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Cognitive mediation of putting: Use of a think-aloud measure and implications for studies of golf-putting in the laboratory

Arsal, Guler, Eccles, David W. and Ericsson, K. Anders (2016) Cognitive mediation of putting: Use of a think-aloud measure and implications for studies of golf-putting in the laboratory. Psychology of Sport and Exercise, 27. pp. 18-27. ISSN 1469-0292

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Abstract

Objectives
Whereas accounts of skilled performance based on automaticity (Beilock & Carr, 2001; Fitts & Posner, 1967) emphasize reduced cognitive involvement in advanced skill, other accounts propose that skilled performance relies on increased cognitive control (Ericsson & Kintsch, 1995). The objective of this study was to test predictions differentiating the automaticity and cognitive control accounts by assessing thinking during golf putting.

Design
The cognitive processes of less-skilled and more-skilled golfers were examined during putting using concurrent, think-aloud verbal reports. The design included putting conditions that differed in complexity and thus the need to adapt the putt to the particular conditions.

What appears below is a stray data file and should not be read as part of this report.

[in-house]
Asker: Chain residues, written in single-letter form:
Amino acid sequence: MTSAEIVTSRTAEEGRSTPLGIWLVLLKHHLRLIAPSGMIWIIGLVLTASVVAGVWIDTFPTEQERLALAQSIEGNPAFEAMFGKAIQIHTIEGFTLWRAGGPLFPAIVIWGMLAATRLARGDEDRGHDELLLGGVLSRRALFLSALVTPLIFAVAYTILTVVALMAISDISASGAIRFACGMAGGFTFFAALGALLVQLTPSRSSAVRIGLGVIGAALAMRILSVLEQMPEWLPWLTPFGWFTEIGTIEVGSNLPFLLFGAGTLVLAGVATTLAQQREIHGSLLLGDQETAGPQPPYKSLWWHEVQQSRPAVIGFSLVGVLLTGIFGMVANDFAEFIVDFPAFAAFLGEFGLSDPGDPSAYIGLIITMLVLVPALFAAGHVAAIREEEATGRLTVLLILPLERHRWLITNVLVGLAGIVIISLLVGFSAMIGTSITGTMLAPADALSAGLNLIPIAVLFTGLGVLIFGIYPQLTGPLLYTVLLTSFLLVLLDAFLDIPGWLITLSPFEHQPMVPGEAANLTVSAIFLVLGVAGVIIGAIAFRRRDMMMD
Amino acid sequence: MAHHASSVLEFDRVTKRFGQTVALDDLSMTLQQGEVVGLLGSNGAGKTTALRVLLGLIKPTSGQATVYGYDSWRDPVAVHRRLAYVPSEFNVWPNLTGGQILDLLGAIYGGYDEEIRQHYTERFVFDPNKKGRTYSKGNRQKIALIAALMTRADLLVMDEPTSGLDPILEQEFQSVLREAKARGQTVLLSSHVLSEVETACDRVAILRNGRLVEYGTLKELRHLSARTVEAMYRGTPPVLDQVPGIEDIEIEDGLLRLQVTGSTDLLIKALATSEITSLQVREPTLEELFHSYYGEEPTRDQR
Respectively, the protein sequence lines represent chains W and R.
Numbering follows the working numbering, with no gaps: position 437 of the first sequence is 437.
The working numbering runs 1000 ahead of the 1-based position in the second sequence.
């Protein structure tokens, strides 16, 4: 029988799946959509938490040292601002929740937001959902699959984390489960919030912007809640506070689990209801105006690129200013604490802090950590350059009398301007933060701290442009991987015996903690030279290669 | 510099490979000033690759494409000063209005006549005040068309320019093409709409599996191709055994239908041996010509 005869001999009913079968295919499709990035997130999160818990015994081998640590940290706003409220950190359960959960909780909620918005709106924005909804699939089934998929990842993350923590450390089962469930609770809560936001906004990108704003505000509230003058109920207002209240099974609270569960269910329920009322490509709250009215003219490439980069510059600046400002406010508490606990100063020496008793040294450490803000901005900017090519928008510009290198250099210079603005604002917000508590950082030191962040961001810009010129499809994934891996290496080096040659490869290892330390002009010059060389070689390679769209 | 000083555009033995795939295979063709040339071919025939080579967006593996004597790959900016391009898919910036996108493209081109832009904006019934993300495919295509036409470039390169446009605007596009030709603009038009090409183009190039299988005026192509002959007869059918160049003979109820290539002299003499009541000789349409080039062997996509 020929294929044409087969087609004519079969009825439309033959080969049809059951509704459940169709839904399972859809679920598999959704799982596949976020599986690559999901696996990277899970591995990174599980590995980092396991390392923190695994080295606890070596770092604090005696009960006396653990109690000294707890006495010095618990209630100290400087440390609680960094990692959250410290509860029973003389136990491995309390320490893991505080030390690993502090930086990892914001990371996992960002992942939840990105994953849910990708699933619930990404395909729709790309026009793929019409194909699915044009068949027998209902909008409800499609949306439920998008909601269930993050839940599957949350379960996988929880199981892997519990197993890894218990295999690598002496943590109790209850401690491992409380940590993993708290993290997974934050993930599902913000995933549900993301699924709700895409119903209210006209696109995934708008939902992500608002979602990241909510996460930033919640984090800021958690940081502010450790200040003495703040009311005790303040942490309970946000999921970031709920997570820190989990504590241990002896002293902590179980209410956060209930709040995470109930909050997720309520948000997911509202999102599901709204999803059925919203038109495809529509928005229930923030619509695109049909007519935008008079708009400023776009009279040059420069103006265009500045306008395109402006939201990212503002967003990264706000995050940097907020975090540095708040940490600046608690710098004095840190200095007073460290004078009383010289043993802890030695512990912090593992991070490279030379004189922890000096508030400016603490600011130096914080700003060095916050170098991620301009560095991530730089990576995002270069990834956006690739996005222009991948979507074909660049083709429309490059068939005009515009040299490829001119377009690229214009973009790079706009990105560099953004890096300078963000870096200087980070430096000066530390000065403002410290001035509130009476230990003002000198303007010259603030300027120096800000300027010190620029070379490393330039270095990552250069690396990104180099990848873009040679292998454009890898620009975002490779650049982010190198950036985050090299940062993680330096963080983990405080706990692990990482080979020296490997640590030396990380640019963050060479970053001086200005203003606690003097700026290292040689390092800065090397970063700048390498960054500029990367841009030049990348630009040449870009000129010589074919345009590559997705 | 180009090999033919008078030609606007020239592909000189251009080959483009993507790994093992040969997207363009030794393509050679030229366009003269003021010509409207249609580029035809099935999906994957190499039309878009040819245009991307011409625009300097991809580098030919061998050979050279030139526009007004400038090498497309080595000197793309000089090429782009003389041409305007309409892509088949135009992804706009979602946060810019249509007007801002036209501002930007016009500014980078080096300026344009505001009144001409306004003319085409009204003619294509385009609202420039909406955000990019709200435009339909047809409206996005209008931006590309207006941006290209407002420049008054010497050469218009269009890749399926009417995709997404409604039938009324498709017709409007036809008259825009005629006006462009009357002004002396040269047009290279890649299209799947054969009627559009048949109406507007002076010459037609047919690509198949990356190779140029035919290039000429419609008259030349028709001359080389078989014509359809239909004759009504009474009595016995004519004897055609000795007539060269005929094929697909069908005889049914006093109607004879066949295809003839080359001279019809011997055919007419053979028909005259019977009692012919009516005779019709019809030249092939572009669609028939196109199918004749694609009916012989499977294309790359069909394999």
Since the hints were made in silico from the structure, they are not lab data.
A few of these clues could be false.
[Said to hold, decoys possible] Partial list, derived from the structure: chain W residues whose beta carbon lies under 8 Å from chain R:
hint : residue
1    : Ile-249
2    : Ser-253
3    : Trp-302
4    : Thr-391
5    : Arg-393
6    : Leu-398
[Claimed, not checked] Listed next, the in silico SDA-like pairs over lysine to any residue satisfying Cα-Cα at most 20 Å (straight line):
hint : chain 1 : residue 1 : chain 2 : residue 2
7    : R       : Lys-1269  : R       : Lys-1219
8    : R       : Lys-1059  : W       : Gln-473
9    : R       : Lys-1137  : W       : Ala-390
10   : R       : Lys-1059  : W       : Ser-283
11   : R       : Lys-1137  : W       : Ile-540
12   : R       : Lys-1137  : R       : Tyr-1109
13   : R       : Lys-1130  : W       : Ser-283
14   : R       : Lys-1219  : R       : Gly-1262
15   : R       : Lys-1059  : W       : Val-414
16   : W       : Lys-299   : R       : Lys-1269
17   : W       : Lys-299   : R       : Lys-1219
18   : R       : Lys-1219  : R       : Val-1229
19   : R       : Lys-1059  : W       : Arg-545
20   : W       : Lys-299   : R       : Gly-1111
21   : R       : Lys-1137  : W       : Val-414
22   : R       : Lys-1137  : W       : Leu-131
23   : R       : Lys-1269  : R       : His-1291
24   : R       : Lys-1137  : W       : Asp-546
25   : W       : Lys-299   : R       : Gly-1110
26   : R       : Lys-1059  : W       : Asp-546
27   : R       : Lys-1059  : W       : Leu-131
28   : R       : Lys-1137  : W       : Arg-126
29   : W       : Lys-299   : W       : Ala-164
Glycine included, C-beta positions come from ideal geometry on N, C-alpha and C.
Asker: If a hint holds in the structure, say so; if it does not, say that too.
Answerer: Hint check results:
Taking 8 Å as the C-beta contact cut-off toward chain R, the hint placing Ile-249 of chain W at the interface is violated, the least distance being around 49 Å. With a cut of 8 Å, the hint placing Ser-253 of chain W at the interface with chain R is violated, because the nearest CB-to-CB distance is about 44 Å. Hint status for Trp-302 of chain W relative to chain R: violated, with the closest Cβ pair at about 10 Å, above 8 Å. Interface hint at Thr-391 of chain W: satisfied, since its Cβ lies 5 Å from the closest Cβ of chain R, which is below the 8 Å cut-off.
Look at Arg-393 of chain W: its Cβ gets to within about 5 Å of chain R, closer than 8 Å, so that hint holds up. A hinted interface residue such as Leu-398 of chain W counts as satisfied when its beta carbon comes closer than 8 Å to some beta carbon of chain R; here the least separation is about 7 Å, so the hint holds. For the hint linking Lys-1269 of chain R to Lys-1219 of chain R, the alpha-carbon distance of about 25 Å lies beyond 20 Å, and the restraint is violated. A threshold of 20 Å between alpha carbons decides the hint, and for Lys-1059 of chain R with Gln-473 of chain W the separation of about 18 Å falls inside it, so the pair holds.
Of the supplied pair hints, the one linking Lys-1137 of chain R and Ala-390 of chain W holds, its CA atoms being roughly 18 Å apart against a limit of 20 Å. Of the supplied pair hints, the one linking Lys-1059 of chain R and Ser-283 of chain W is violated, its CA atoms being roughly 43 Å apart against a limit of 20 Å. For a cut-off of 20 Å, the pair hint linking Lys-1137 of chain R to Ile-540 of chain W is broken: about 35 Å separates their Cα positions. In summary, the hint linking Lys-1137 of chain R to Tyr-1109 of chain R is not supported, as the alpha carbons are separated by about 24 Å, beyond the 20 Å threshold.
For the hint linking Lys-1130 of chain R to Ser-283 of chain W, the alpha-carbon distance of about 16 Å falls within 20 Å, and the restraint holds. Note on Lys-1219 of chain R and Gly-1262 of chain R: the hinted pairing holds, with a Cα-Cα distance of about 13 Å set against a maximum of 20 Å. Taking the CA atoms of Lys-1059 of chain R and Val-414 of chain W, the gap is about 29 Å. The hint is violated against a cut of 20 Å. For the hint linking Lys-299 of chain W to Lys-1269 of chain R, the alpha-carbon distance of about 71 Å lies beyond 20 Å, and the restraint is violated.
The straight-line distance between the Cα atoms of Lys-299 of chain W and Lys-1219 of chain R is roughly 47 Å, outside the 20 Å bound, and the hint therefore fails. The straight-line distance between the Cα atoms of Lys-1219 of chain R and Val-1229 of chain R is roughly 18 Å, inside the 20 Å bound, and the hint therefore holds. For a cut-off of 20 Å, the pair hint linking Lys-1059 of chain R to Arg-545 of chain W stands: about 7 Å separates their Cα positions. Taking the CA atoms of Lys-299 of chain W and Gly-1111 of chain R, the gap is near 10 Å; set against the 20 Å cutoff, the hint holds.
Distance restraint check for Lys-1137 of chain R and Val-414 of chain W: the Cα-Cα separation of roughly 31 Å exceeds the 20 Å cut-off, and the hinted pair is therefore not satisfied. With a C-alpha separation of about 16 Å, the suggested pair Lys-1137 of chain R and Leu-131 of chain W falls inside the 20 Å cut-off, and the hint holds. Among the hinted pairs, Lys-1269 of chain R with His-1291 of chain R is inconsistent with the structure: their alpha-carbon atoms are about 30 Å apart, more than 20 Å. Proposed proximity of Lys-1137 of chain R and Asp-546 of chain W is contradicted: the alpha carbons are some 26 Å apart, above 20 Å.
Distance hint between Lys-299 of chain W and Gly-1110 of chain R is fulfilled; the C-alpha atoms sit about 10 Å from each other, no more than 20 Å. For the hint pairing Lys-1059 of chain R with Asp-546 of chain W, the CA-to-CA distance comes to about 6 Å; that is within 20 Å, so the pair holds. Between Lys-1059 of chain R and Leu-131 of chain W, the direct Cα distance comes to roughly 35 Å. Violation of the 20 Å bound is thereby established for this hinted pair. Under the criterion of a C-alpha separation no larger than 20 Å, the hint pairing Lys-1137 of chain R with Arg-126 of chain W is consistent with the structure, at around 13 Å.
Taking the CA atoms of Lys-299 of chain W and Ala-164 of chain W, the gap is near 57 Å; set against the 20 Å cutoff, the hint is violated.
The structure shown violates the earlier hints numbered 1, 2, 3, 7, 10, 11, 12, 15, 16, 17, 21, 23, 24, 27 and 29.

Method
Putting complexity was manipulated via changes to putt length and perceived stress during putting. Putts were executed from two starting locations (i.e., the same starting location as the previous putt or a new starting location).

Results
The analysis showed that, during putting: more thoughts were verbalized overall by more-skilled golfers than less-skilled golfers; both groups verbalized more thoughts overall during higher-complexity putts (i.e., longer distance putts, and putts under higher stress when executed from a new starting location) than lower-complexity putts; and the two groups did not differ significantly in the number of thoughts related to motor mechanics.

Conclusions
The results of this study provide support for a cognitive control account of skilled performance and suggest that the path to skilled performance involves the acquisition of more refined higher-level cognitive representations mediating planning and analysis.

Keywords
Cognitive control; Concurrent verbalizations; Conscious control; Expert performance; Think-aloud; Verbal reports

Item Type: Article
Subjects: B Philosophy. Psychology. Religion > BF Psychology
Schools: School of Human and Health Sciences
Depositing User: Guler Arsal
Date Deposited: 01 Aug 2016 10:11
Last Modified: 03 Dec 2016 19:57
URI: http://eprints.hud.ac.uk/id/eprint/29116

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